By planning interchange points with the two large railroads, Page could anticipate competition and negotiation of fair interchange shipping rates with the only two big railroads nearby. Or, perhaps one or the other would feel it desirable to purchase the short-line railroad, a business tactic Henry Rogers had earlier used successfully with other short-line railroads in West Virginia.

As Col. Page developed the short-line Deepwater Railway, he ran into an unexpected brick wall when attempting to negotiate with either of the larger railroads. He realized they had considered the territory to be potentially theirs for future growth. But he got nowhere with either of them when attempting to negotiate rates to interchange his coal.

It was only later revealed that the both the C&O and the N&W were essentially under the common control of the even larger Pennsylvania Railroad (PRR) and New York Central Railroad (NYC), whose leaders, Alexander Cassatt and William Vanderbilt respectively, had secretly entered into a "community of interests pact." The C&O and the N&W had apparently agreed with each other to refuse to negotiate with Col. Page and his upstart Deepwater Railway.

Page didn't give up as must have been anticipated. Instead, he stubbornly continued building his short-line railroad through some of the most rugged terrain of the Mountain State, to the increasing puzzlement of the big railroads. They were unaware that one of Page's investors (who were silent partners in the venture) was the powerful Rogers, who wasn't about to have the investment foiled by the big railroads. Instead, he and Page set about secretly planning and securing their own route out of the mountains and across Virginia to Hampton Roads.

Tidewater Railway: from the mountains to the sea

In 1904, Page and Rogers had Staunton, Virginia attorney Thomas D. Ranson form another intrastate railroad company. The Tidewater Railway was to be used for the portion of their mountains to the sea project to be in Virginia. As intrastate railroads, the Deepwater and Tidewater were each under jurisdiction of their respective state. Thus, they were not obviously linked to each other by the various (and usually different) attorneys handling rights-of-way cases in the local courts of each state.

Planning and land acquisition for the Tidewater Railway were done largely in secret. In his book "The Virginian Railway" (Kalmbach, 1961), author H. Reid described some of the tactics. On a Sunday in February, 1905, a group of 35 surveyors from New York disguised themselves as fishermen and rode to a location which was particularly crucial to the project aboard a N&W passenger train. While they stood in icy water apparently "fishing" with their transit poles, the surveyors successfully mapped out a crossing of the New River at Glen Lyn, as well as the adjacent portion of the line through Narrows to a point near Radford.

After leaving the valley of the New River, the new line was surveyed to cross the U.S. Eastern Continental Divide in a tunnel to be built near Merrimac, Virginia. After descending on the eastern side of the mountain, the new line for the Tidewater Railway essentially followed the valley of the Roanoke River past Salem and Roanoke and through the water gap formed by the river in the Blue Ridge Mountains. As the terrain changed to the more gentle rolling hills of the Piedmont region, the plan was to run almost due east to Suffolk, within just a few miles of the goal: the harbour at Hampton Roads.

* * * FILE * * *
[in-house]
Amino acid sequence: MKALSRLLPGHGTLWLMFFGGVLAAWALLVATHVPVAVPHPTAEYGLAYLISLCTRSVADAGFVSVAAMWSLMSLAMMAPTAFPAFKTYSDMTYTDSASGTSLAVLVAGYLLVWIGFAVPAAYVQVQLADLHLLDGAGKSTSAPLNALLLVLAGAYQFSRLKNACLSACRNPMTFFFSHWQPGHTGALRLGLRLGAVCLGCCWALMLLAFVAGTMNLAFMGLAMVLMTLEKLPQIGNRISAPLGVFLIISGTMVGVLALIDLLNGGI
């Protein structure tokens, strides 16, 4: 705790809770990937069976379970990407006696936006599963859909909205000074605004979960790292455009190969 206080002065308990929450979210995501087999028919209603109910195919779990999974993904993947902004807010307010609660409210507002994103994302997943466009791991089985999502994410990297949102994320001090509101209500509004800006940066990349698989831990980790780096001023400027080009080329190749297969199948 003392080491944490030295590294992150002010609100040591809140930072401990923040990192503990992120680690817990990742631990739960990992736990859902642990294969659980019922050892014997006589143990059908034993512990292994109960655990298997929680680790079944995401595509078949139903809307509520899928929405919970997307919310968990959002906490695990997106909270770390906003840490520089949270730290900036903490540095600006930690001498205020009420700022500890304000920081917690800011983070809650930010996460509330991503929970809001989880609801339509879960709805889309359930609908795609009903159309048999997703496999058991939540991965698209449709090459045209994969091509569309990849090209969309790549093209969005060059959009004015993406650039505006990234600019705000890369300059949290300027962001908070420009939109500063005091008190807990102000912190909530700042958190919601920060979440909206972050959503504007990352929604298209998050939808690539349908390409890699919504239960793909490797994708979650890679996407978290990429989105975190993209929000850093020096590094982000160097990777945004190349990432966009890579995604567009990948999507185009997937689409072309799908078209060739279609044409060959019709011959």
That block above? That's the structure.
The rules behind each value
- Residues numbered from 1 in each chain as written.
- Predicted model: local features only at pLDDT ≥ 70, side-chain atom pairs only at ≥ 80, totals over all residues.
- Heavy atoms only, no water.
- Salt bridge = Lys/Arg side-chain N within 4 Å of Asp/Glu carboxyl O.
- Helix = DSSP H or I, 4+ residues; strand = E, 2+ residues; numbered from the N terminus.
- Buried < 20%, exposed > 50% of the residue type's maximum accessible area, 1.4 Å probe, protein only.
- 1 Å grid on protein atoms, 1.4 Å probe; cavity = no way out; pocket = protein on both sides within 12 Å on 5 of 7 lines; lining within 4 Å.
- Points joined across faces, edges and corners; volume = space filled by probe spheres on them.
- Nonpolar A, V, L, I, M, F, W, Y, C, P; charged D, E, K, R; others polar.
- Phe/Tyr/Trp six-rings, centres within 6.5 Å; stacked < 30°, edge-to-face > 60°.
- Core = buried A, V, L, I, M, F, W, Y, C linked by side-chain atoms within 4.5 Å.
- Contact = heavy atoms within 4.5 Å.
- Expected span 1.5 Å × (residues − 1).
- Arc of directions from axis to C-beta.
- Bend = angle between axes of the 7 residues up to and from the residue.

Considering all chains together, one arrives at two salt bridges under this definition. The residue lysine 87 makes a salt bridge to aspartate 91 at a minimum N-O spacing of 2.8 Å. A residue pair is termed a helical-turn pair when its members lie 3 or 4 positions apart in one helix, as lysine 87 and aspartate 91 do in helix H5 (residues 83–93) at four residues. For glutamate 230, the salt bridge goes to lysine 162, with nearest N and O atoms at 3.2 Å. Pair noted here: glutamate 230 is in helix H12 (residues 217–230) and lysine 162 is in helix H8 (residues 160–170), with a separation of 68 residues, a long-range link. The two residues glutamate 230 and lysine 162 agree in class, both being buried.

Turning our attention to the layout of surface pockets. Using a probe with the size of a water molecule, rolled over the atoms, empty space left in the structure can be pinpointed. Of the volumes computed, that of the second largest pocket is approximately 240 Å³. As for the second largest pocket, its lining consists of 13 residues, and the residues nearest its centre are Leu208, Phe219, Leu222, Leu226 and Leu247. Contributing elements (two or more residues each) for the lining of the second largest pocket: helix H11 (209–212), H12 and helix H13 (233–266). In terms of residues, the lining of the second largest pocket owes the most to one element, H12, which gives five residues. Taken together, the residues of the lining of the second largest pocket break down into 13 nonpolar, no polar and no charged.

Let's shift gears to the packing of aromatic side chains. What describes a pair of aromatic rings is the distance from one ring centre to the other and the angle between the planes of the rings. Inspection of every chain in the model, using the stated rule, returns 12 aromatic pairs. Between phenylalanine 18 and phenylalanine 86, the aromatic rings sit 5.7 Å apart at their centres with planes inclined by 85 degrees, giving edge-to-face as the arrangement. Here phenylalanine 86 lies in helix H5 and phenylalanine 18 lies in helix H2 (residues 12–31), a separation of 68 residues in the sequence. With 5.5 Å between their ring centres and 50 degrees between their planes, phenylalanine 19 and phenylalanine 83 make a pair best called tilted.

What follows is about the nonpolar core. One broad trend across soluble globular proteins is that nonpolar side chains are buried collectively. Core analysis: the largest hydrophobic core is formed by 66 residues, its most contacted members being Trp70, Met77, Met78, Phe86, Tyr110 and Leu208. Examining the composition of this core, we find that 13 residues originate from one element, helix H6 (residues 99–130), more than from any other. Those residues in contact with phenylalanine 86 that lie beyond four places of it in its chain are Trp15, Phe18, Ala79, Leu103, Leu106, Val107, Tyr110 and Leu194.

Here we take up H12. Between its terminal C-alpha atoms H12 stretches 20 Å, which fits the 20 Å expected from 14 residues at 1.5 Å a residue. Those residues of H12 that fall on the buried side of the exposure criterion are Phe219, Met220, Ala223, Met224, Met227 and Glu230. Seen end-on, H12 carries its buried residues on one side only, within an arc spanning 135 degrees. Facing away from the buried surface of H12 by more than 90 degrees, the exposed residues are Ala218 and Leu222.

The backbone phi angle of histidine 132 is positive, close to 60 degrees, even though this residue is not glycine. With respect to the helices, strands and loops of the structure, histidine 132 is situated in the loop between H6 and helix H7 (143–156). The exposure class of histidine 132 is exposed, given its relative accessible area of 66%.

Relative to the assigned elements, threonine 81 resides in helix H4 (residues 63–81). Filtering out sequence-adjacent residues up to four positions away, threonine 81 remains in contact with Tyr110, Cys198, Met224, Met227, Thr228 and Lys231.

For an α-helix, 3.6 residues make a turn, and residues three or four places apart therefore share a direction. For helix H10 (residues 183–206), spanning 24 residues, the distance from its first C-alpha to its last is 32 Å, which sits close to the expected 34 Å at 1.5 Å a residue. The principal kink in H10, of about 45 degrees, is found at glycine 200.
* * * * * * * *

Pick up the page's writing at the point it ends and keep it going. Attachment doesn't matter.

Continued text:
Deals were quietly struck with the various communities all along the way. Many were small towns and villages that had been passed by when the big railroads were building 20-25 years earlier, and the new railroad was welcomed. Even the leaders of Roanoke, home to the headquarters of the N&W, were accommodating, authorizing a path through their city along the north bank of the Roanoke River.

A coup at Sewell's Point

Perhaps most notable of all of the communities which helped make the new railroad possible was the City of Norfolk, Virginia. N&W's coal pier and huge storage yards were at Lambert's Point near downtown Norfolk. Other big railroads, C&O, Seaboard Air Line, Atlantic Coast Line, and a Pennsylvania railroad subsidiary, had established facilities nearby as well.

Access to Hampton Roads frontage and space to build a new coal pier was crucial to the whole scheme. However, it was also very important that the big railroads not learn of the plans, or surely they would attempt to interfere.

The solution was found at an unlikely location: isolated and somewhat desolate Sewell's Point in a rural area in Norfolk County near the mouth of Hampton Roads.

To reach Sewell's Point from Suffolk, the Tidewater Railway was plotted to run about 15 miles due east, staying well south of the downtown Portsmouth and Norfolk harbour areas (and the other railroads). After reaching South Norfolk, the new railroad would begin a wide 180' counter-clockwise loop to the north. Trains would actually heading west when reaching Hampton Roads.